My name is Sarah Antrim-Cambium, and I’m 54 years old. I’m originally from a small farming community in central Illinois, but I’ve lived in Chicago for the last 13 years. 

I’m a Spanish teacher with two master’s degrees: one in translation and interpretation, and another in educational leadership. I also am the executive director for the nonprofit International Dream Achievers Network. 

My interests all center around languages and cultures, so I’m a big traveler. I’ve been to 45 countries, and I think that has changed my worldview in positive ways. I began dedicating my time and financial resources more than a decade ago to indigenous rights, due to the friendships I developed with King Valentín of the Naso — and members of his council — while on a trip to Panamá. The council asked me to write a United Nations Democracy Fund proposal, which I did. In the course of the work, I traveled to the villages and visited with people, talking to them about their experiences with the Panamanian government and with the multinational corporations that were taking their land and water. 

It seemed like an all-too-familiar story. The children took me out into the fields to show me the canisters of the smoke and tear gas bombs that had been thrown at their homes, forcing them to flee with what they could carry just minutes before bulldozers razed their homes. I raised money to buy a computer and cameras so that they would have more tools with which to document the human rights abuses that were being committed against the Naso people. 

Outside of work, raising my three children, and watching my grandchildren grow up, my greatest interest has been in doing my small part to create a more just world. 

I first heard about the Cheyenne River Youth Project through my friend Scotty Zacher. He and I came to Eagle Butte because he grew up there. He knew about my interests and what I was doing in Panamá, so he introduced me to (CRYP Executive Director) Julie Garreau — he thought I’d be interested in knowing someone who had dedicated her life to creating opportunities for children and their families. 

CRYP’s mission, and the energy and dedication of the staff and volunteers, really spoke to me. I thought I could contribute something, and I knew I could learn a lot.  

I have made the trip to the Cheyenne River Sioux Reservation either by myself or with two of my board members for five or six years. For the last two years, I’ve brought students and their parents as well. We generally work Monday to Friday for a one-week period. We also contribute to the Wo Otúh’an Wi (Moon of Giving Away Presents) Toy Drive every year, so while we’re not physically present at CRYP during the Christmas season, we are with them in spirit — the Christmas spirit. 

When I’m with CRYP, I love working in the garden! I grew up on a farm, so we always had a garden. I don’t have a green thumb by any means, but I can follow directions pretty well, so I’ve learned more about planting crops at CRYP than I did growing up on a farm. It’s so cool to talk with CRYP’s teen interns and the master gardener, and I love watching friendships develop while we’re all just working together.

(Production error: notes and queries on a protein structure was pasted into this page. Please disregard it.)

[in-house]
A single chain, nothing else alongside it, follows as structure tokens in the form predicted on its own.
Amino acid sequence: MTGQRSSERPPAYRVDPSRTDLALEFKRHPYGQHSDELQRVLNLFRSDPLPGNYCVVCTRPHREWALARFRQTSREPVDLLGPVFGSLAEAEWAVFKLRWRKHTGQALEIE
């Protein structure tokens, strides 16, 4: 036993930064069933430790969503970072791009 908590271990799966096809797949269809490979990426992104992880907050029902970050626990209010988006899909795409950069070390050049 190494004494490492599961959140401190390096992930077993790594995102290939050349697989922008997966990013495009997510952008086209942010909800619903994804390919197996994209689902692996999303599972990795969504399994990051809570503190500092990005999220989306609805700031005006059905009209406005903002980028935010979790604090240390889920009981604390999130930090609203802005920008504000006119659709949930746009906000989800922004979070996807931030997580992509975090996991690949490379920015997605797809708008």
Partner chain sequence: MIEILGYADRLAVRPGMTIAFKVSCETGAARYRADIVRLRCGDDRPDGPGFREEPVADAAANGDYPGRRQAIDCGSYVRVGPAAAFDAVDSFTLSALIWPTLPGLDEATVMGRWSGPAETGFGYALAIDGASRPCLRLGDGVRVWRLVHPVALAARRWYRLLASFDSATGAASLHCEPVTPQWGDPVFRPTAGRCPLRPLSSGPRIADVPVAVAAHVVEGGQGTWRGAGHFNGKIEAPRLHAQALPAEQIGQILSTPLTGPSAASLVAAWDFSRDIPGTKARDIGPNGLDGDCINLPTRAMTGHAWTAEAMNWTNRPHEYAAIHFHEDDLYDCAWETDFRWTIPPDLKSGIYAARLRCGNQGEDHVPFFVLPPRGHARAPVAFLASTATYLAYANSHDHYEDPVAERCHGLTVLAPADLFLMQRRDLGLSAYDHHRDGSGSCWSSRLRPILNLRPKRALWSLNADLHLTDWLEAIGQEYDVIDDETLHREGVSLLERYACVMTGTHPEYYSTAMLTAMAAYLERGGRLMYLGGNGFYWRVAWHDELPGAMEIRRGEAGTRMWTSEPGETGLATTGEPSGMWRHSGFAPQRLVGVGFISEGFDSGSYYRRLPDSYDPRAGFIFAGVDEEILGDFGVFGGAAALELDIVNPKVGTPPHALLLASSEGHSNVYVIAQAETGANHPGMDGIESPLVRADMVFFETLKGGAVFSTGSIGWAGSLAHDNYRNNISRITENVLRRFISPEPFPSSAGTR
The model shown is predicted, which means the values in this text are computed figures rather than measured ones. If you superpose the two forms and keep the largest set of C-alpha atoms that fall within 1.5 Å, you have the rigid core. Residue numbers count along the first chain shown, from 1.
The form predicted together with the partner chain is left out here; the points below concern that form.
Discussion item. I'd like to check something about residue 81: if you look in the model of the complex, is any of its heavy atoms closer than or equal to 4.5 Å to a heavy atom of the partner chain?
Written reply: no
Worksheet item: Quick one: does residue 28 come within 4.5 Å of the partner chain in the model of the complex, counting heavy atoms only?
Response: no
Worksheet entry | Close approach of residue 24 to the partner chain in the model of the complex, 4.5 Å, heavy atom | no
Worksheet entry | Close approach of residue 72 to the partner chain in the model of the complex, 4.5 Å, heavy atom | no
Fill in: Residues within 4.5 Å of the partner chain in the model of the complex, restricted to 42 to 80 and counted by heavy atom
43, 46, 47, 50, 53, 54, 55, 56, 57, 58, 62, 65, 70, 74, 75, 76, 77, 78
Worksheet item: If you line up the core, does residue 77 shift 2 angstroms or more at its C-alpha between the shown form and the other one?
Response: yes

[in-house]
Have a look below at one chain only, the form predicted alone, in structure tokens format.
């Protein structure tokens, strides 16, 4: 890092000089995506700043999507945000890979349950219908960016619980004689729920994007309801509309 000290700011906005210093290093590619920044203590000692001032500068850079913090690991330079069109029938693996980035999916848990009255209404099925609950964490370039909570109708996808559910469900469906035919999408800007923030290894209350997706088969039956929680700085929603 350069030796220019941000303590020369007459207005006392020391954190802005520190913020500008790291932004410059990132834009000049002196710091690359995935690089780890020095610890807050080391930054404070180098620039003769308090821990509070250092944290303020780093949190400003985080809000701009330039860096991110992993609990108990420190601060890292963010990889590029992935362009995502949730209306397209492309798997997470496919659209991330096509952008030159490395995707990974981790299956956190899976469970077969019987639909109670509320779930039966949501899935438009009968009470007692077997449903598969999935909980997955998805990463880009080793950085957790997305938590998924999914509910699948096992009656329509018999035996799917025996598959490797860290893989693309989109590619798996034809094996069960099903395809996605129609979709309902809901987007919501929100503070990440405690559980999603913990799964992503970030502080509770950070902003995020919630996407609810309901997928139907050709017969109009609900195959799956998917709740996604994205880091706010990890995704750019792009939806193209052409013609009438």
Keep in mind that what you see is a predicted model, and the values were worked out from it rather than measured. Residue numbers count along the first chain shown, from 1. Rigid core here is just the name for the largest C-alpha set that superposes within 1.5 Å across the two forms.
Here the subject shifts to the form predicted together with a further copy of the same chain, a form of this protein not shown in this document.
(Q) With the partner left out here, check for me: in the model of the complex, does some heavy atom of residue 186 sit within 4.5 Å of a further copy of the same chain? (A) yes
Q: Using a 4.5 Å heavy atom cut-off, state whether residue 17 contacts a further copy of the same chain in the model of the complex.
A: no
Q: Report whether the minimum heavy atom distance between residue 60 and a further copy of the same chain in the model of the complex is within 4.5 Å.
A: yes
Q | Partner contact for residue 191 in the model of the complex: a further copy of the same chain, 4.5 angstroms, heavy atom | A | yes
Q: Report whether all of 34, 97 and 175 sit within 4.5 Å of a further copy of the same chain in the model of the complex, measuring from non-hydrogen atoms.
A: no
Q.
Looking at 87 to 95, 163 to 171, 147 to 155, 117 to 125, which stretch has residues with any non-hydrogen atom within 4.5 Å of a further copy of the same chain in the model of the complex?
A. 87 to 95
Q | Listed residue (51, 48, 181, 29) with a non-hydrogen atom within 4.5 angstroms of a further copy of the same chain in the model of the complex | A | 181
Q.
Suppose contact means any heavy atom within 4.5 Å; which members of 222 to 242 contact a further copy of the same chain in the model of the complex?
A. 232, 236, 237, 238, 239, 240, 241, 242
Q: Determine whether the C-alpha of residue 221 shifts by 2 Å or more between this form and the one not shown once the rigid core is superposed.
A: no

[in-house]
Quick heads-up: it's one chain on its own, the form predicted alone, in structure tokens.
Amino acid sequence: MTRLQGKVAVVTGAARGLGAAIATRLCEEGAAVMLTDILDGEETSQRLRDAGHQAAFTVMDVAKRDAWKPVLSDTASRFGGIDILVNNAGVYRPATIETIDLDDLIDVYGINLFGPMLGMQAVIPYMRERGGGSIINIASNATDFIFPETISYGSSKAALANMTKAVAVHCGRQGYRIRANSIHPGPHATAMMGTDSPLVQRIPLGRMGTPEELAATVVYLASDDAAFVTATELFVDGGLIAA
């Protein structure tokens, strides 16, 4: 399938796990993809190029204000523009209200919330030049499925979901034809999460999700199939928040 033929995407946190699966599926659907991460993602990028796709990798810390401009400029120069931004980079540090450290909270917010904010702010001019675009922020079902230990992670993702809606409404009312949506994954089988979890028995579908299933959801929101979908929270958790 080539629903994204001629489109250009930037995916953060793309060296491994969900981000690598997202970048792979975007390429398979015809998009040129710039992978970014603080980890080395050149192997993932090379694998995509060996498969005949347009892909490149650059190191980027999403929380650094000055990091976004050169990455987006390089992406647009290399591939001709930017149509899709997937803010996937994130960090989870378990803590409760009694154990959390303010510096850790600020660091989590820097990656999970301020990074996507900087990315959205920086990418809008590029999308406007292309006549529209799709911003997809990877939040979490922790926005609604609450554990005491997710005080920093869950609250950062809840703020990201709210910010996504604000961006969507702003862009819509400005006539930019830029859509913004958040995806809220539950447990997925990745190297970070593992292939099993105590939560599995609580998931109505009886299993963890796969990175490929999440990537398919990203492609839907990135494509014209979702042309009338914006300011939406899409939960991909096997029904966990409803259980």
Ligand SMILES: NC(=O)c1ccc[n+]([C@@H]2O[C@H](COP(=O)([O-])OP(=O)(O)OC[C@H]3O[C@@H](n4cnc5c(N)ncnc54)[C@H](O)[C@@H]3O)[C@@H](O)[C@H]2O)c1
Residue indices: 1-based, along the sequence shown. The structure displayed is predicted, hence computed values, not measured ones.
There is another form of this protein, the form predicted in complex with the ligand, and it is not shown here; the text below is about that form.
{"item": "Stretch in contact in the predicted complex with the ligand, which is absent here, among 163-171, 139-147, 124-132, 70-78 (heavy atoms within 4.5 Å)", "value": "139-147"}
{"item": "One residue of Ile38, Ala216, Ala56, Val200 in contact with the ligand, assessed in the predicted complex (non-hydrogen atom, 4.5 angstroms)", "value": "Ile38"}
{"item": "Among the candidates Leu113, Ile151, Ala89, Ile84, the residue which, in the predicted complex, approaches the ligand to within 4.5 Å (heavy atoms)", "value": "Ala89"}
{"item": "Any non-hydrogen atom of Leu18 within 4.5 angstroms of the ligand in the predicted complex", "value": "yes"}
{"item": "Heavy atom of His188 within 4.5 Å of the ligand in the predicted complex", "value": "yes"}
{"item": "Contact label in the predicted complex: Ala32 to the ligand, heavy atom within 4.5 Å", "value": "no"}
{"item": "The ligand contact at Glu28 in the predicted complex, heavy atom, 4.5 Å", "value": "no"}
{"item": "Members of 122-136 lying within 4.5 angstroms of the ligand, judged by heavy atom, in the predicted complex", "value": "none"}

I also enjoyed prepping the walls for the annual RedCan invitational graffiti jam. It’s fun to see what kind of work gets put up on those blank walls. I loved helping the kids with their bikes, and helping other volunteers with a kids’ summer camp too. I loved working in the Keya Café as well; it took me back to my waitressing days. But one of my most memorable experiences was helping to raise a tipi for RedCan. It was just two men who really knew what they were doing, plus me—and I did not! But they were really patient teachers and fun to work with. 

More than anything, I love the connection to the people and the land. Creating an environment where friendships can develop is so cool. My work as a teacher, as the executive director of International Dream Achievers Network, and as a volunteer all have one thing in common: the work to create a better world for children. I’m grateful for the opportunity to connect, work, and learn at CRYP. 

I loved that I was able to bring my granddaughter. She participated in the activities with the kids who came to the day camp, and we put her to work in the garden too! I loved that she and (Youth Programs Director) Jerica’s little girl were able to hang out and become friends. 

Over the years with CRYP, I’ve learned a lot about how to be a better work partner. The staff is really great about giving us guidance on when to arrive and what our duties are, information about the community, and so on. They provide a very thorough orientation, so we’re able to do a much better job that way. Having an opportunity to speak with Lakota elders was a great surprise, and we learned so much that we could share with our communities back in Illinois. 

I think CRYP is absolutely essential to the Cheyenne River community. Everyone connected to CRYP is laser-focused on what’s best for the children. Providing a safe and free space for children to grow and feel loved and accepted is essential to any community, and CRYP really knows how to provide that. The staff also knows how to partner with families to provide extra support. Anything you do to help a child gives back to the community, and the world, more than we can ever measure.